An illustration of the GOES 16 (formerly GOES-R) satellite, launched in November 2016. Credit: Lockheed Martin

SEATTLE — A meeting of atmospheric and space scientists this week will feature enthusiasm about a new generation of weather satellites tempered by uncertainty about the future of key programs in the Trump administration.

The 97th Annual Meeting of the American Meteorological Society (AMS) here will host more than 4,000 people to discuss topics ranging from advances in terrestrial weather forecasting to understanding the effect space weather has on the Earth.

Much of the interest at the conference will be on a new generation of weather satellites. The National Oceanic and Atmospheric Administration is expected to release Jan. 23 the first images from the Geostationary Operational Environmental Satellite (GOES) 16 spacecraft, launched Nov. 19. The spacecraft, previously known as GOES-R, is the first in a new series of weather satellites equipped with instruments that will provide more frequent and higher quality data to support weather forecasting.

Several conference sessions are devoted to discussions of the checkout of the instruments on GOES 16 and analysis of the data they provide. Similar sessions are also planned for the first Joint Polar Satellite System (JPSS) spacecraft, a next-generation polar-orbiting weather satellite. JPSS-1, originally scheduled for launch early this year, is now planned for no earlier than July.

At the same time, many scientists at the AMS meeting will be concerned about the uncertain future of climate science and related programs at NASA and NOAA. Prior to the election, the Trump campaign advocated for moving Earth science programs out of NASA entirely, a position that advisors have reiterated since the election.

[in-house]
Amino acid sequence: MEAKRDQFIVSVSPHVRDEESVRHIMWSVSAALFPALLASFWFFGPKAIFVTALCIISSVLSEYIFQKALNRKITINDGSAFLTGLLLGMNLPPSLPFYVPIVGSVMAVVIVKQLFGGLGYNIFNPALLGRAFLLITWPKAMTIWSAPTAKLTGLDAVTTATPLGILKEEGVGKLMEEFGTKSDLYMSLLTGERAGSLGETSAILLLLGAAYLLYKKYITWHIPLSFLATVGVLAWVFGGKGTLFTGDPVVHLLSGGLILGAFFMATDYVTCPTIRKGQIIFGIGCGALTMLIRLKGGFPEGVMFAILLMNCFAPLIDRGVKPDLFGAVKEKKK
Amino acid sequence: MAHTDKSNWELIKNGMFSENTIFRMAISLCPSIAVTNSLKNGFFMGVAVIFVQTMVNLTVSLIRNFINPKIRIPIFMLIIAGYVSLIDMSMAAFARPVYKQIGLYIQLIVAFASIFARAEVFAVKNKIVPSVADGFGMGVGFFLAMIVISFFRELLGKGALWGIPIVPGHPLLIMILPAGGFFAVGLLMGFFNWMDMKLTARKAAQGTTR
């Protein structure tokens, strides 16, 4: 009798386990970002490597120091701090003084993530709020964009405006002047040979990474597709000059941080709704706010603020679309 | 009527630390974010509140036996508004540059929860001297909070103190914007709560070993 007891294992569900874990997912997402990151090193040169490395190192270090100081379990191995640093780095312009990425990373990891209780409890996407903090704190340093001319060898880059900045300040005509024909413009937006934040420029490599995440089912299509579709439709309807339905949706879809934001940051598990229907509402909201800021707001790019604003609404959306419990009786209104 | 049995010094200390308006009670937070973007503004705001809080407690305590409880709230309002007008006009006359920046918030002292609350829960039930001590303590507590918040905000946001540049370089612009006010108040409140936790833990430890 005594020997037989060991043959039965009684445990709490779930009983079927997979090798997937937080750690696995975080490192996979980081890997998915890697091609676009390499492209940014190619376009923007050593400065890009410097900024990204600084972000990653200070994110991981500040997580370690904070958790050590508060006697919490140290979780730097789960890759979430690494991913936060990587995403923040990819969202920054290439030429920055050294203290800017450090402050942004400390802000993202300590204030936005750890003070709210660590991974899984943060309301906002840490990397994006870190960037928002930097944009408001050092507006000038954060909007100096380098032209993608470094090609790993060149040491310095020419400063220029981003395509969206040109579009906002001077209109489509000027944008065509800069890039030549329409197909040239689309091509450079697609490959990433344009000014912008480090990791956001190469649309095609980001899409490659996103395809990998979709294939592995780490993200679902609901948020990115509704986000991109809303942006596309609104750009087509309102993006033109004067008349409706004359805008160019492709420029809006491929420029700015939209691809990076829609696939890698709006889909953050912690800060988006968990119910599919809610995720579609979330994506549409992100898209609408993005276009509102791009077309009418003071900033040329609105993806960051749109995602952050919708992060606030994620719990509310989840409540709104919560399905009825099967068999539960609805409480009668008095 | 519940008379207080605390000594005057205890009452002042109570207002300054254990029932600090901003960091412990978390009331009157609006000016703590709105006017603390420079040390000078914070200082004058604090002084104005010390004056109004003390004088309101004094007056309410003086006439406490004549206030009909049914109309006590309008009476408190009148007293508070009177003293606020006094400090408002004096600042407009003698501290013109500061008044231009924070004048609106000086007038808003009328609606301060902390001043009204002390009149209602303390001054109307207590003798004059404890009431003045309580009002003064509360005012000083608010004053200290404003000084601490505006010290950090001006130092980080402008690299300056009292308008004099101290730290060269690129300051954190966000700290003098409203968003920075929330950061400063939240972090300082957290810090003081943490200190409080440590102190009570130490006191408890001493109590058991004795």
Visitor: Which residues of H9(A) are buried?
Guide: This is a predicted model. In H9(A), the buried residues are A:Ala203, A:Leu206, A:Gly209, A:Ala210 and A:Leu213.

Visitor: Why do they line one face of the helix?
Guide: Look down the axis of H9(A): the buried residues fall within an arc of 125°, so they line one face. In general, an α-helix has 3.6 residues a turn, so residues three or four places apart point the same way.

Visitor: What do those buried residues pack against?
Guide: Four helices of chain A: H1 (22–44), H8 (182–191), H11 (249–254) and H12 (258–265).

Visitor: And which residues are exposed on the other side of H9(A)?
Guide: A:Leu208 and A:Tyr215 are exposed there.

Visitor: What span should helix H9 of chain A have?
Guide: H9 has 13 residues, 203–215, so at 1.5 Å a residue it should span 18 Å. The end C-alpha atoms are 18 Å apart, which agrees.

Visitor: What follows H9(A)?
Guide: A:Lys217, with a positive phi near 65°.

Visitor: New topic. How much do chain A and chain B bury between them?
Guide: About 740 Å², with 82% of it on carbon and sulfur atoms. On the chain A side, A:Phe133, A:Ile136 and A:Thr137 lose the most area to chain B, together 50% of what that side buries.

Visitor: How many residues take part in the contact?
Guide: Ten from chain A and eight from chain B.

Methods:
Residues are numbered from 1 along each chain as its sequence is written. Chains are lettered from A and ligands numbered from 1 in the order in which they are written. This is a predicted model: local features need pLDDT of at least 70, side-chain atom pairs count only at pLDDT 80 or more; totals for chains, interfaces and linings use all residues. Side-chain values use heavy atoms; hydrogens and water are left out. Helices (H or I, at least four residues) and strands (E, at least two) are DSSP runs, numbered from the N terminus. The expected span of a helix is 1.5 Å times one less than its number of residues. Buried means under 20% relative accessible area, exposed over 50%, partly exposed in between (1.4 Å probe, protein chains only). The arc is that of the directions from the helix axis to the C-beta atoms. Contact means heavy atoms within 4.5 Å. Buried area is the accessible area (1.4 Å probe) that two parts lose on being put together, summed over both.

The new Trump administration has already taken a step in the direction of reducing the influence of climate science on overall policy. “President Trump is committed to eliminating harmful and unnecessary policies such as the Climate Action Plan,” states an energy policy statement, the “America First Energy Plan,” posted to the White House website immediately after the Jan. 20 inauguration of President Trump. That is a reference to a 2013 Obama administration policy that included, among other provisions, support for enhanced climate science studies at NASA and NOAA.

NASA plans to hold an Earth science town hall meeting at the AMS meeting Jan. 24. At a similar forum held in December at the Fall Meeting of the American Geophysical Union in San Francisco, agency officials attempted to minimize concerns by scientists about potential changes, saying they expected few changes in the near term.

Another set of sessions at the AMS meeting will address space weather research and predictions. One session Jan. 24 will focus on moving ahead with the Space Weather Action Plan, published by the Obama administration in 2015 to identify key issues in space weather, ranging from research to preparations to deal with terrestrial hazards created by solar storms.

Implementation of that plan continues despite the change of administrations. A filing in the Federal Register Jan. 23 seeks comment on a draft white paper about improving the relationship between space weather research and operational forecasting, one element of the overall action plan.

While scientists meet in Seattle, space weather will also be a topic in Washington. On Jan. 17, four senators reintroduced the Space Weather Research and Forecasting Act, legislation that addresses some of the same issues as the action plan. The Senate Commerce Committee is scheduled to mark up the bill Jan. 24. The committee approved a similar bill last year, but was not taken up by the full Senate.

Jeff Foust writes about space policy, commercial space, and related topics for SpaceNews. He earned a Ph.D. in planetary sciences from the Massachusetts Institute of Technology and a bachelor’s degree with honors in geophysics and planetary science...